To Jas. L. Shawhan, one share. To my grandchildren John Hutsell and to his sister Ada Hutsell each one half share that is together one share. This last share is left in trust of Jas. L. Shawhan untill the elder of the children arrives at the age of 21 years when Jas. L. Shawhan is to pay over to each of said children as each becomes of age the amount due from this bequest.
The land herein before devised may be sold and the proceeds of the sale to be divided on the same conditions and limitations as I have herein before given for the land by shares. All the aforesaid shares are to be share and share alike and equal. Where no conditions or limitations are put on the landed share none are devised on the money, should the land be exchanged for money. But where conditions are directed on land share the same conditions are to attach to the money value.
Fourth. Should either of the Hutsell grandchildren die without children the surviving one is to heir the full 1/2 one half share. Should both de without children the one share herein before bequeathed to them is to revert to my children or their bodily representations and to be divided equally according to the number of my children.

If a majority of children shall think it best to sell the land as a whole and divide the money as herein before directed as to the land.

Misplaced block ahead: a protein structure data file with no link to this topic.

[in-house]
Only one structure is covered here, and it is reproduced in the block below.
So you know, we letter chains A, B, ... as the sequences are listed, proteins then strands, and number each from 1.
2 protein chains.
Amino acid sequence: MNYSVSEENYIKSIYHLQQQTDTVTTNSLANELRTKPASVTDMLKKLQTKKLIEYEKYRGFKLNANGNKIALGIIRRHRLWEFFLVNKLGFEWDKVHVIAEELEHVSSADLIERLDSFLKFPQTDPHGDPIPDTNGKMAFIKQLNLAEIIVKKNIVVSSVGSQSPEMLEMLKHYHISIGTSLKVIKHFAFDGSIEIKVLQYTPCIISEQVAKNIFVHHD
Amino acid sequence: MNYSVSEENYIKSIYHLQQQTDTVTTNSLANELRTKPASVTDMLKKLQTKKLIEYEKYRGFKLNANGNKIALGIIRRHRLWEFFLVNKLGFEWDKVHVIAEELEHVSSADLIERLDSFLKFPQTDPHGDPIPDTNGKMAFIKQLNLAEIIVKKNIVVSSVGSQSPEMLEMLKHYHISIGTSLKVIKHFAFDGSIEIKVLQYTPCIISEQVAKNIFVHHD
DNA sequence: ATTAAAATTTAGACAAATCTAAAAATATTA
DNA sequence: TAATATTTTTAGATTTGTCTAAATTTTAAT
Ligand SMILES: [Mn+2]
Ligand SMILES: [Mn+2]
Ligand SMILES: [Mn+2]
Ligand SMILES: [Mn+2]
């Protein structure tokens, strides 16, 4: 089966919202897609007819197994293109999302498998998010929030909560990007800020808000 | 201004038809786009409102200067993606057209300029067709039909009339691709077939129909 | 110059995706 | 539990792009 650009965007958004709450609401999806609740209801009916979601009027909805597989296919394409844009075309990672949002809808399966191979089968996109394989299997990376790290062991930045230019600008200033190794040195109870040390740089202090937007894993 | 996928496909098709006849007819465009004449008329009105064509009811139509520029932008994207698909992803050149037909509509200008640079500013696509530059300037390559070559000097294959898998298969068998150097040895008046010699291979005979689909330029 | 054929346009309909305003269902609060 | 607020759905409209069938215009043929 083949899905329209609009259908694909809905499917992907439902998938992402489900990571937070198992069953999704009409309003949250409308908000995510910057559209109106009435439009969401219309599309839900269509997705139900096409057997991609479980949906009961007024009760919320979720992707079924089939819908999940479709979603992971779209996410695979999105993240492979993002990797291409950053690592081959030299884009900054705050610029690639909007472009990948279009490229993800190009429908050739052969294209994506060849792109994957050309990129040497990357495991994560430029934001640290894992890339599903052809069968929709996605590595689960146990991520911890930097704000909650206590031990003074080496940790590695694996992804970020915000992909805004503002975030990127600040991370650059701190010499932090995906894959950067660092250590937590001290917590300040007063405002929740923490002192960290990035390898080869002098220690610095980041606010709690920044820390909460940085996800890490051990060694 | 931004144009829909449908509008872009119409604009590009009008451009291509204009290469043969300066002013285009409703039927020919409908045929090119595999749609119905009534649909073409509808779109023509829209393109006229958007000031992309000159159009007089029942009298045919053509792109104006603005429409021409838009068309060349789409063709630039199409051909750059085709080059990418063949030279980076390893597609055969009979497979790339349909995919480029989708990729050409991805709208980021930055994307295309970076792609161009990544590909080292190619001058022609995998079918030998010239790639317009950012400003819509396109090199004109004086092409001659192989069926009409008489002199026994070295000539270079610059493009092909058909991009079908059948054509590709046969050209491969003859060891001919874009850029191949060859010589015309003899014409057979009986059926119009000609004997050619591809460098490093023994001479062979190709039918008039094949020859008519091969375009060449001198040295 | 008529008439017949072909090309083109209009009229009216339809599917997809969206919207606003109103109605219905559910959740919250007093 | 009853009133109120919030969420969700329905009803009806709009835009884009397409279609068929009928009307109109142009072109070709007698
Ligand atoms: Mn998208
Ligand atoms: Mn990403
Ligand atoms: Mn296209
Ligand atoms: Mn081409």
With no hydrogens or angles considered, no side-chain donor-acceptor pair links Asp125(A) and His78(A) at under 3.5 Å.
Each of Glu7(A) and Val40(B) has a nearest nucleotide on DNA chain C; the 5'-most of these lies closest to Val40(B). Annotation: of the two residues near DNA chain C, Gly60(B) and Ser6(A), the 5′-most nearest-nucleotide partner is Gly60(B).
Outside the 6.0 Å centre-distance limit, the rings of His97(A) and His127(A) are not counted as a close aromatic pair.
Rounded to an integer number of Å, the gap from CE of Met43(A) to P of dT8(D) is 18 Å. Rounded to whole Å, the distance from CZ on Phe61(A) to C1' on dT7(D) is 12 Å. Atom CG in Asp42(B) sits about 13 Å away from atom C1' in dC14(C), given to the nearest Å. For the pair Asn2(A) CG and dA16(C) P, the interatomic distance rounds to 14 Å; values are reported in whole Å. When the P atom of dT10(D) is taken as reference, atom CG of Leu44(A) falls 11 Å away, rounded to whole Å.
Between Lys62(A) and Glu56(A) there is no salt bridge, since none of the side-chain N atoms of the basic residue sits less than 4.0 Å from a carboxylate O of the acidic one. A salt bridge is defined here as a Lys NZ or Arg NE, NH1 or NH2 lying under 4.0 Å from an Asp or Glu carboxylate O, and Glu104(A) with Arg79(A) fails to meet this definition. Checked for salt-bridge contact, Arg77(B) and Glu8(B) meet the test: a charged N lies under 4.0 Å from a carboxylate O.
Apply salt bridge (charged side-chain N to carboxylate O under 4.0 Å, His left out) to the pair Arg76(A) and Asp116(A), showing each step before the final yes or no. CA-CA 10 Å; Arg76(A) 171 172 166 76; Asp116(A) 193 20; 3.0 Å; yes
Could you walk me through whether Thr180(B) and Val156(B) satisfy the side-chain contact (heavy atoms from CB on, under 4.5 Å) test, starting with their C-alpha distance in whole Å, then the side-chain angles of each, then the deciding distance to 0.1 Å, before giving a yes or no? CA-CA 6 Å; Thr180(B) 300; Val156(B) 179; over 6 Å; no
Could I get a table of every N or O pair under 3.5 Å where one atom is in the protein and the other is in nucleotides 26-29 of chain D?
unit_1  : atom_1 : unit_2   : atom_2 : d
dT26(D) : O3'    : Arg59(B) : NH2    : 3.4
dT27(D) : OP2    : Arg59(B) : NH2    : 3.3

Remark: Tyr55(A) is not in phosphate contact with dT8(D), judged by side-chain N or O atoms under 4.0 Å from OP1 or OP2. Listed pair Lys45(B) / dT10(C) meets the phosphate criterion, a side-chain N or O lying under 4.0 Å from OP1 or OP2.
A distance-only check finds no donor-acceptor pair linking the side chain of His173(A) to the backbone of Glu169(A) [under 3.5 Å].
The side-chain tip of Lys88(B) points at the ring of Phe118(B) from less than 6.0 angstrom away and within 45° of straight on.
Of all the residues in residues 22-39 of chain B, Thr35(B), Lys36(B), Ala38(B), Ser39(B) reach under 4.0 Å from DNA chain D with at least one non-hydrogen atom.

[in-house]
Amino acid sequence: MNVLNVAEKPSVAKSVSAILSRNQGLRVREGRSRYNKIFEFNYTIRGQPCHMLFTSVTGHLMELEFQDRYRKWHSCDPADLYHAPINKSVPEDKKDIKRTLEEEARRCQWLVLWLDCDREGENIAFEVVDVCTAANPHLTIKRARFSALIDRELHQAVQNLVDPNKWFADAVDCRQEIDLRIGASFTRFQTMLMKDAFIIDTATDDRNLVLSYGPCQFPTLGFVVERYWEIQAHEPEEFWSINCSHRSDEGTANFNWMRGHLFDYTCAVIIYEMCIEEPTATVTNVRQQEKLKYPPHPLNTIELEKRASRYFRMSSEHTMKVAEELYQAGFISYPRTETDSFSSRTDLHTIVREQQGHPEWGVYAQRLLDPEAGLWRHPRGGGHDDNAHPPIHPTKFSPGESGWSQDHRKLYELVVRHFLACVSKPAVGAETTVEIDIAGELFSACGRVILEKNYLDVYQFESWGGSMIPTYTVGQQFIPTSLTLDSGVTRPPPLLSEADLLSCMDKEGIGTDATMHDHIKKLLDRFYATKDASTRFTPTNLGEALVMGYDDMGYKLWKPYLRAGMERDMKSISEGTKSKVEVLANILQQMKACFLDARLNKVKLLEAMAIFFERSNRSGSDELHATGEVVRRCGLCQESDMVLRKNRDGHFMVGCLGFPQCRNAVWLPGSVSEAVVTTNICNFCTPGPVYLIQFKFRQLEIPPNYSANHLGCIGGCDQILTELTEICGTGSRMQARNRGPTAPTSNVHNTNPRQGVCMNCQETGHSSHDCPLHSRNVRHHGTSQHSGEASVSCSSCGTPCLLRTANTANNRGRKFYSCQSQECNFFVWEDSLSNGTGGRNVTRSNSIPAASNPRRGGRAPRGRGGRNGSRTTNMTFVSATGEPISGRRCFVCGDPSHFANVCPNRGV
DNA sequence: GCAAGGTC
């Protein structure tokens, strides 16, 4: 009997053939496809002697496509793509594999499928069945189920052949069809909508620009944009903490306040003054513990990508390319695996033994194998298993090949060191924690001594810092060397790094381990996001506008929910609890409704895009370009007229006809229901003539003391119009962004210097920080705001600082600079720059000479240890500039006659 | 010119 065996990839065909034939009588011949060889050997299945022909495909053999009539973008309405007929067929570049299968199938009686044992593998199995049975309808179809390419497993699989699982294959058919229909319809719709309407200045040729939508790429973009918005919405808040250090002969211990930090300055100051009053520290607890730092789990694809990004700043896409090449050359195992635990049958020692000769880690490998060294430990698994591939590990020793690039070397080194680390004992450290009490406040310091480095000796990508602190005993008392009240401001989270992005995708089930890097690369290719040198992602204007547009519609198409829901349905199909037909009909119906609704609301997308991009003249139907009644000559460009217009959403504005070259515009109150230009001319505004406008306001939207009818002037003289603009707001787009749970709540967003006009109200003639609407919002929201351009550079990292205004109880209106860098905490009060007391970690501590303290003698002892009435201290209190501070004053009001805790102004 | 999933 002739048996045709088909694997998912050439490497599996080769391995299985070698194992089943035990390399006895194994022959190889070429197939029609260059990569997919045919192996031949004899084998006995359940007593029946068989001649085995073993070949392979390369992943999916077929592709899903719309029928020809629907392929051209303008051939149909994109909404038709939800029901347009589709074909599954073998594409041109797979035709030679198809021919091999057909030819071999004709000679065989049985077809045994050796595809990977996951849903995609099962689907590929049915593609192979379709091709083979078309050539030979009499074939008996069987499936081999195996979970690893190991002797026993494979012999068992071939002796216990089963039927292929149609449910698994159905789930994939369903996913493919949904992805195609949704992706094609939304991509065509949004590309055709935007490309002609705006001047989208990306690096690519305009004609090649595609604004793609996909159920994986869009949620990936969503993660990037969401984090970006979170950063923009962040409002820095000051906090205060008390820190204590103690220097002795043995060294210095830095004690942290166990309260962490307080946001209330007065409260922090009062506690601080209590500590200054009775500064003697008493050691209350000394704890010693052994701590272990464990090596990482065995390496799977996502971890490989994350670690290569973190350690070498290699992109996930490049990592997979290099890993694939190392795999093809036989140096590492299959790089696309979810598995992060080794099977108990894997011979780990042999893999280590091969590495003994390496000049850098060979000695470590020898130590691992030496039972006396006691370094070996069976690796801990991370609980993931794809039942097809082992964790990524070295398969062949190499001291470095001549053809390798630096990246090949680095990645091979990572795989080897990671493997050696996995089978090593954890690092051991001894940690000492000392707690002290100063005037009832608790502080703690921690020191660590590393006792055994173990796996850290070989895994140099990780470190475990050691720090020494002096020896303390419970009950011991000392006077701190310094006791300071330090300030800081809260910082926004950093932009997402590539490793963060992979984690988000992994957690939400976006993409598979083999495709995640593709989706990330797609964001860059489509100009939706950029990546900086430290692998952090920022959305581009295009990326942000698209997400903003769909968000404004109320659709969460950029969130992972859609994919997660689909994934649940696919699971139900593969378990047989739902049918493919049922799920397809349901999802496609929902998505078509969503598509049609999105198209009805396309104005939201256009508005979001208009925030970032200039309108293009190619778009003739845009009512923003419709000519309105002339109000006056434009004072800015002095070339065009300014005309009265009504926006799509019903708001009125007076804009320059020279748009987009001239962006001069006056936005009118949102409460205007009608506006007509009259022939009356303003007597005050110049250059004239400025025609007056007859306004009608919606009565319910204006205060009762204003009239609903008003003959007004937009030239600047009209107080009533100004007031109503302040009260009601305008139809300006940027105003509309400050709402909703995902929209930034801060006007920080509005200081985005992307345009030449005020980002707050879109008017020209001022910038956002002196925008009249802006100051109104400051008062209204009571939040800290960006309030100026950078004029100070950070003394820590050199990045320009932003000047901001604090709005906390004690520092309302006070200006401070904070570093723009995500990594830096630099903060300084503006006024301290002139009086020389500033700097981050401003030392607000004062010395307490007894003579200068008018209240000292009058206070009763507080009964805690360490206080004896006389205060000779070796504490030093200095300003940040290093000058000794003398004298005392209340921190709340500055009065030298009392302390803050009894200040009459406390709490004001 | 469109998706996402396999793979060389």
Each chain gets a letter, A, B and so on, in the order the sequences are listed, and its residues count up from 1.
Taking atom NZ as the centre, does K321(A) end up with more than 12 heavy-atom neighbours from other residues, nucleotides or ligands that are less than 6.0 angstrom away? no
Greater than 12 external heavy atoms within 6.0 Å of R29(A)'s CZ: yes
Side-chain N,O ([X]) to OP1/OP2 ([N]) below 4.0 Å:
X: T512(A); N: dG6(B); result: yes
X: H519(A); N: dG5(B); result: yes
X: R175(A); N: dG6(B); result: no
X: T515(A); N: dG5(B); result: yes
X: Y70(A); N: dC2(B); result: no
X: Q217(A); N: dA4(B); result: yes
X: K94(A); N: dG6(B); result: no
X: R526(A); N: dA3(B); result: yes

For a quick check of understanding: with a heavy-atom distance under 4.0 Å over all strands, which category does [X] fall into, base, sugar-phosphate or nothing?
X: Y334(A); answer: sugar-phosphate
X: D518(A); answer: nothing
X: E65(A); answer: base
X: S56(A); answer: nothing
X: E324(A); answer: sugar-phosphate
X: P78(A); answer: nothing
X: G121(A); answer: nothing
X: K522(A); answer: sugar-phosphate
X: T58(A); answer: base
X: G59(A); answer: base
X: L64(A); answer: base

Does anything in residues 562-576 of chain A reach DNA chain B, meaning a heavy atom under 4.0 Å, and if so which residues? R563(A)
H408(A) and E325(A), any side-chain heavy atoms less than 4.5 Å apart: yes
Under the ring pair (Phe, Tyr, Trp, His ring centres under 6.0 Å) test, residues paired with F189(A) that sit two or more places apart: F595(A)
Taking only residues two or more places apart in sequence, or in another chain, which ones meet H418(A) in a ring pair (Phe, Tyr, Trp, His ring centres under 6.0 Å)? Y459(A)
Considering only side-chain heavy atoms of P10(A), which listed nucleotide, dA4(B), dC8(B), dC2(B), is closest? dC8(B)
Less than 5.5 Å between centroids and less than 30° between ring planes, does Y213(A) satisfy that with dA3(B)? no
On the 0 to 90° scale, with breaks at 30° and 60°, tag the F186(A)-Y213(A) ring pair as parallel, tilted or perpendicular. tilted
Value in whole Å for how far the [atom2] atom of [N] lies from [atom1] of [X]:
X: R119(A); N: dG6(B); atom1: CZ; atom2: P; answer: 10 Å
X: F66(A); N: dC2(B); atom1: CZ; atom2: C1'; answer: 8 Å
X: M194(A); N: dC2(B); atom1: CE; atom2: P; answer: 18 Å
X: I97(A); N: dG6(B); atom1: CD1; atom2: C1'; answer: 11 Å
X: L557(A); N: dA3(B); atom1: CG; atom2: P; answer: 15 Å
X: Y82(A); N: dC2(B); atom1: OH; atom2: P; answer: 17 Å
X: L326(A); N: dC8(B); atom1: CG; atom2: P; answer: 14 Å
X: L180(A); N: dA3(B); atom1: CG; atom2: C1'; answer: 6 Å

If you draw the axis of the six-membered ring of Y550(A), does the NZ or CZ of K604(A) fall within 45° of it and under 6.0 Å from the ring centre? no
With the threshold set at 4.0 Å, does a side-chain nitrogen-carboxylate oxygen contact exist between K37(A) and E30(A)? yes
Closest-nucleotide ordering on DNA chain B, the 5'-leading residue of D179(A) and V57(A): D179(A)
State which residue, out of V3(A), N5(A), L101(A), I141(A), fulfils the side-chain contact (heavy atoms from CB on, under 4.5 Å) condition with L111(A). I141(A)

I hereby nominate my son Jas. L. Shawhan as my executor to carry out the conditions of this will and name him as trustee for the share of Sam’l Robinson and the share for the two (2) Hutsell children. The said trustee will pay over annually to Sam’l Robinson on the profits from his same share. I testimony whereof I said Betsy have to this my last will and testament subscribed my nam and affixed my seal this 13th day of March A.D. 1891
Elizabeth Shawhan
Signed, sealed, published, and declared by said Betsy Shawhan as and for her last will and testament in the presnce of us: who at her request and in the presence of each other have subscribed our names witness. Day and date herein before written

N. F. Smith (seal)

Elizabeth Redmon (seal)
They had the following children:

131 i. Josephine (1842-1863)

ii. Charles R. Charles R. was born in 1843. Charles R. died in 1865; he was 22.

Research: A "Charles Shawhan" is listed as serving in the Ky., 9th Cav., Co. C.K. A "Charles R. Shawhan" is listing as having served as a SGT in the Ky., 11th Cav., Co. G, CSA. ("The Roster of Confederate Soldiers, 1861-1868," Vol. 2. Editor, Janet Hewitt. Broadfoot Press, Wilmington, N.C., 1995)


132 iii. Mary E. (1845-1895)

133 iv. Daniel Bell (1847-1912)

v. Margaret. Margaret was born in 1849. Margaret died in 1855; she was 6.

134 vi. Joseph (1851-1926)

135 vii. America (1853-1886)

136 viii. Elizabeth Lillian (1855-1911)

137 ix. Ada Minerva (1857-1912)

138 x. Annie (1859-1945)

139 xi. William Laughlin (1861-1940)

xii. James Lee. James Lee was born on January 18, 1864. James Lee died on April 3, 1960; he was 96. James Lee was buried in Battle Grove Cemetery, Cynthiana, Kentucky.

Headline: Obits